The last reported products to test positive for horse DNA were three meatloaves in mid-March – one from Tesco, and two from Aldi. None tested positive for the banned veterinary drug phenylbutazone (‘bute’).
In total, the FSA has received 19,050 test results from industry since 1 March, of which 15,000 came from ABP Food Group. Since the horsemeat scandal broke in mid-January, the food industry has supplied 24,480 test results to the FSA.
Tests were conducted using a combination of PCR DNA and ELISA methods, which test for proteins. The FSA said it was unable to give a precise split but estimated roughly 50:50. The high proportion of ELISA was “not unexpected at this stage because it is a simpler method for an on-going screen on raw material”, a spokesman said.
In his first interview since ‘Horsegate’, ABP CEO Paul Finnerty spells out what went wrong in his company
The FSA also announced the conclusion of its local authority testing programme today, which ran between January and March and involved 514 samples being tested by 51 local authorities. Two beef products tested positive for more than 1% horse DNA – a burger product from the Burger Manufacturing Company and one from King Fry Meat Products. One halal product – Yankee Halal Doner Kebab – tested positive for traces of pig DNA. In addition, three non-halal products – Asda spaghetti and meatballs, Asda beef cannelloni and Apetito beef lasagne – tested positive for pig DNA.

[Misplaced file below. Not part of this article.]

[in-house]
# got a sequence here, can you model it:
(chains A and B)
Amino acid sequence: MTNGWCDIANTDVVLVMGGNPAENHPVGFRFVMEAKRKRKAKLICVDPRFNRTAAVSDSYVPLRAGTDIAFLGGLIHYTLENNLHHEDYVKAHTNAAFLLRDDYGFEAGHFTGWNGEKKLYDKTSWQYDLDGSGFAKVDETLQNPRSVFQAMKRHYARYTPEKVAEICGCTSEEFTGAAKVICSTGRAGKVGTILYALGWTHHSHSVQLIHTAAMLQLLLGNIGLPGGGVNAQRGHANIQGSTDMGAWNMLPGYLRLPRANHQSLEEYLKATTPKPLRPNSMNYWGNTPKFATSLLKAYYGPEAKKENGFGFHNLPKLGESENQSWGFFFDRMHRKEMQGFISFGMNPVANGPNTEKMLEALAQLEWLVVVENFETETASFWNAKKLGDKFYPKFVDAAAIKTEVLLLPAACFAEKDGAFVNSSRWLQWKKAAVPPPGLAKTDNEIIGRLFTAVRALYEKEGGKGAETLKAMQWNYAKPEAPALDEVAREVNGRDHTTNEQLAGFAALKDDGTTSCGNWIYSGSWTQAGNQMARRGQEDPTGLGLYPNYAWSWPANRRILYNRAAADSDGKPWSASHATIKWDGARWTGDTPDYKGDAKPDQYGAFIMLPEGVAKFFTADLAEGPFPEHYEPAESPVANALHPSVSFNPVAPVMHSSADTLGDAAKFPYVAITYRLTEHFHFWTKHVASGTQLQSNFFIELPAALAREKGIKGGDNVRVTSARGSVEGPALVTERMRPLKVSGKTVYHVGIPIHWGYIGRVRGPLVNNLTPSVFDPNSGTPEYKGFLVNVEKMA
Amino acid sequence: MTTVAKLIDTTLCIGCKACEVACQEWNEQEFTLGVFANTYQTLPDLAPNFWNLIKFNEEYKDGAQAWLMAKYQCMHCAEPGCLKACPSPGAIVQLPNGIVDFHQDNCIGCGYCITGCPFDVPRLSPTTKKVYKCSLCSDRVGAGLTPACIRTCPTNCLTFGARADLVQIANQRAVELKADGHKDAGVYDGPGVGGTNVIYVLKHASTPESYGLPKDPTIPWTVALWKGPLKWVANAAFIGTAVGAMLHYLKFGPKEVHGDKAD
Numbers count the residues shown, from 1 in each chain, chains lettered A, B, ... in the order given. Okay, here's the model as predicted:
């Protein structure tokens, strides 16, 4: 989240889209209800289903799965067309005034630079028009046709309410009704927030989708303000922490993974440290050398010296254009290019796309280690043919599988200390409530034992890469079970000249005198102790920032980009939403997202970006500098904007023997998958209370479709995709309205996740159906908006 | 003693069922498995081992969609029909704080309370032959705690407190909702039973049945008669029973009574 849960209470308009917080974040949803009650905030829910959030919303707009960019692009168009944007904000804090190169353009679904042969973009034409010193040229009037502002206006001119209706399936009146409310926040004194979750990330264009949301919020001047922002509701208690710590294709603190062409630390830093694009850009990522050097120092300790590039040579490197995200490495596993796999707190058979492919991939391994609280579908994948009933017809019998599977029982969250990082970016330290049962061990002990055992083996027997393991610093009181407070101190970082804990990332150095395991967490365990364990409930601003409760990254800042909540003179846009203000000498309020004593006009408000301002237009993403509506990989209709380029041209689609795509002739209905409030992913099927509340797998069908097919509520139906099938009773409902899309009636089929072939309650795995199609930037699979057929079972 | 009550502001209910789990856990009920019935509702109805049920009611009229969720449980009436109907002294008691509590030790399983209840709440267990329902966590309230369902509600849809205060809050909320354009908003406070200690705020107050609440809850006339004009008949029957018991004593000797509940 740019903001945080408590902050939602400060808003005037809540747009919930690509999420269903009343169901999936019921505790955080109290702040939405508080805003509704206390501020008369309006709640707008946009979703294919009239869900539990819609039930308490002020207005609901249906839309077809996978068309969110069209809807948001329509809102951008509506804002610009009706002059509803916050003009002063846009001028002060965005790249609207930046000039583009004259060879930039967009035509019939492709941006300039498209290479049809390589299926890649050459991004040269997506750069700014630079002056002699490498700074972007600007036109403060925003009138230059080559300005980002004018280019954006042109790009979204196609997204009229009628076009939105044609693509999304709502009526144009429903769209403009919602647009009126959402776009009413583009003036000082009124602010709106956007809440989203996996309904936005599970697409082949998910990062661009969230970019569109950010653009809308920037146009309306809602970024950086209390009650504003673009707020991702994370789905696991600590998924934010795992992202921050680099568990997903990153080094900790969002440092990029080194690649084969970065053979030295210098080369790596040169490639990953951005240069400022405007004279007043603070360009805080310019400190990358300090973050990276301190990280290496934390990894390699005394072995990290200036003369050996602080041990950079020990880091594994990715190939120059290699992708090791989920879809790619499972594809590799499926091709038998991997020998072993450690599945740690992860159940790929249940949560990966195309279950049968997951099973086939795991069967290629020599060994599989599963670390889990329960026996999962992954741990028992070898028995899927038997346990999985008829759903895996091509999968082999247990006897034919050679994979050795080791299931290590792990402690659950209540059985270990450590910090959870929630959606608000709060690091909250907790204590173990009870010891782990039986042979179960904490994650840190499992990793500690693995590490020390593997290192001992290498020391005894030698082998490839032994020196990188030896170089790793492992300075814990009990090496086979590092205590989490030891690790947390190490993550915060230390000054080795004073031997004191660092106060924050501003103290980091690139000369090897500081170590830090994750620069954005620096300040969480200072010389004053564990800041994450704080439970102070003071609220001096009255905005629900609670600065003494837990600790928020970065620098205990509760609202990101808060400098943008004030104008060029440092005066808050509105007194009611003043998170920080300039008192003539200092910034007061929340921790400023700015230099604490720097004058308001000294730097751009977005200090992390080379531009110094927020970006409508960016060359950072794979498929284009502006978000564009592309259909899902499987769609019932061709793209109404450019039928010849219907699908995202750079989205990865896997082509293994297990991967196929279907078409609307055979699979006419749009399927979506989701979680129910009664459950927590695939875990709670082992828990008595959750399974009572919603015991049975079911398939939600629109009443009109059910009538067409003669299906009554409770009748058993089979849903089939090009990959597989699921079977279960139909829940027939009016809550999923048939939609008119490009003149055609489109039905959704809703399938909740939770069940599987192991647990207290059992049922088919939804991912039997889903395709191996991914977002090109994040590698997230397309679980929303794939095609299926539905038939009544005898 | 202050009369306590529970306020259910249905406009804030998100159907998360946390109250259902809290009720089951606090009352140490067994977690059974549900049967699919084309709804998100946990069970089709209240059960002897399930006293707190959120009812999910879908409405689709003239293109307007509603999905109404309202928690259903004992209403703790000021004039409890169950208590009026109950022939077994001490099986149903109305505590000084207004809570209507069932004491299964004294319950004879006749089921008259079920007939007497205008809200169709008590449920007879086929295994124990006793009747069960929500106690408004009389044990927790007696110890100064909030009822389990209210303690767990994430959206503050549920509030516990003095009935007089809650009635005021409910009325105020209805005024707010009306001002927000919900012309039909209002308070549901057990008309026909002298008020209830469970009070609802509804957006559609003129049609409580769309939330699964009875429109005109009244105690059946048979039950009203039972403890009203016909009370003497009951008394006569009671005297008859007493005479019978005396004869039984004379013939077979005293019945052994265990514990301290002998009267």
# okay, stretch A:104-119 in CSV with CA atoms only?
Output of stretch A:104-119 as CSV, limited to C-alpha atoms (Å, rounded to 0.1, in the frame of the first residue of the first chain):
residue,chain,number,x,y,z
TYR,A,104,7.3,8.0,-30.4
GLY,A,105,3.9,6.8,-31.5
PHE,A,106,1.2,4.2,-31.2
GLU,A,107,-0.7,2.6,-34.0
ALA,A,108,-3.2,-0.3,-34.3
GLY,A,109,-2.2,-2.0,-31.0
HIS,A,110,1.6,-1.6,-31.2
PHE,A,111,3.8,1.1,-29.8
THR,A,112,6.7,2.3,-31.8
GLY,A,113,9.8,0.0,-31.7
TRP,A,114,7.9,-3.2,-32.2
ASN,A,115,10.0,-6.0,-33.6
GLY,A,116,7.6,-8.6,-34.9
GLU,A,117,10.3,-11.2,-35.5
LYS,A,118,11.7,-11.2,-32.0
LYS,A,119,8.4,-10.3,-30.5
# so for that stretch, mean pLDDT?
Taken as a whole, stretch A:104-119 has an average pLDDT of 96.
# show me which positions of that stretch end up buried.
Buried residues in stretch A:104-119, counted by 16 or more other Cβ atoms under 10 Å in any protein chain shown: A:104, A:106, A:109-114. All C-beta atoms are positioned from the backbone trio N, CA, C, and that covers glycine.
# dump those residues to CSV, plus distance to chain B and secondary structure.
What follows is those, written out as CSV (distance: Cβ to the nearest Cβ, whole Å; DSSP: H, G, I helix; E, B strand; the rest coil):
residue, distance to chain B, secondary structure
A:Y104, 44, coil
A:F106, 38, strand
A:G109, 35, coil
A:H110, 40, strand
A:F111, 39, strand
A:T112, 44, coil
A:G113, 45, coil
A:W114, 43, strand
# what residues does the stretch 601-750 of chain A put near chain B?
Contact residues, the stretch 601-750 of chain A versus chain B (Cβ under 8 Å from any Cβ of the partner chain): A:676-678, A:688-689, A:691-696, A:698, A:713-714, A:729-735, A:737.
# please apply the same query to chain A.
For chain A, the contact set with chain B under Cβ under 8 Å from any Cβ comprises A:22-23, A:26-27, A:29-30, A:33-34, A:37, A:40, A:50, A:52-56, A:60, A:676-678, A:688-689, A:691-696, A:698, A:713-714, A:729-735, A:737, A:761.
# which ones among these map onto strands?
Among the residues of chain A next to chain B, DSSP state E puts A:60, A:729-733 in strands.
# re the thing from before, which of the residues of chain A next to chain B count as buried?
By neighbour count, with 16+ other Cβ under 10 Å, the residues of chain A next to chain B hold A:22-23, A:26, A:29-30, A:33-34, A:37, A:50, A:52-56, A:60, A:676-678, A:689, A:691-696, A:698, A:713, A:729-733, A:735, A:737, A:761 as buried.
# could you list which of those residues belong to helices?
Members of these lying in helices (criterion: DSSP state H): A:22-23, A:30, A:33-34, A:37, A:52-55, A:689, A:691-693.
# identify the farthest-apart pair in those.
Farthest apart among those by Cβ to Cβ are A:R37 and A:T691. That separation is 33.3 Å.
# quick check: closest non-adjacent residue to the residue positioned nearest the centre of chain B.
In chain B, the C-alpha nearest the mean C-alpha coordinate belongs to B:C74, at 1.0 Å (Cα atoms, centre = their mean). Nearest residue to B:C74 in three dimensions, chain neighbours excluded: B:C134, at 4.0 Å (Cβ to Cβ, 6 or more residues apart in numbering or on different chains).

The FSA said all products were removed from sale.
Its CEO, Catherine Brown, added: “These additional test results show that we remain vigilant and are continuing to work with industry and local authorities so that consumers can be confident that food on sale in the UK is labelled accurately and is safe to eat.”
Investigations into the horsemeat scandal continued, she said, and “a review process is under way to ensure that any lessons for the future are identified and implemented”.
The next set of quarterly industry test results will be published in September.
“Councils have provided an invaluable response to the horsemeat crisis, using established relationships and knowledge of local businesses along with close working with the FSA to test products and provide advice. Communities will be reassured that no new cases of contamination have been discovered,” added the chair of the Local Government Association’s Safer and Stronger Communities Board, Cllr Mehboob Khan.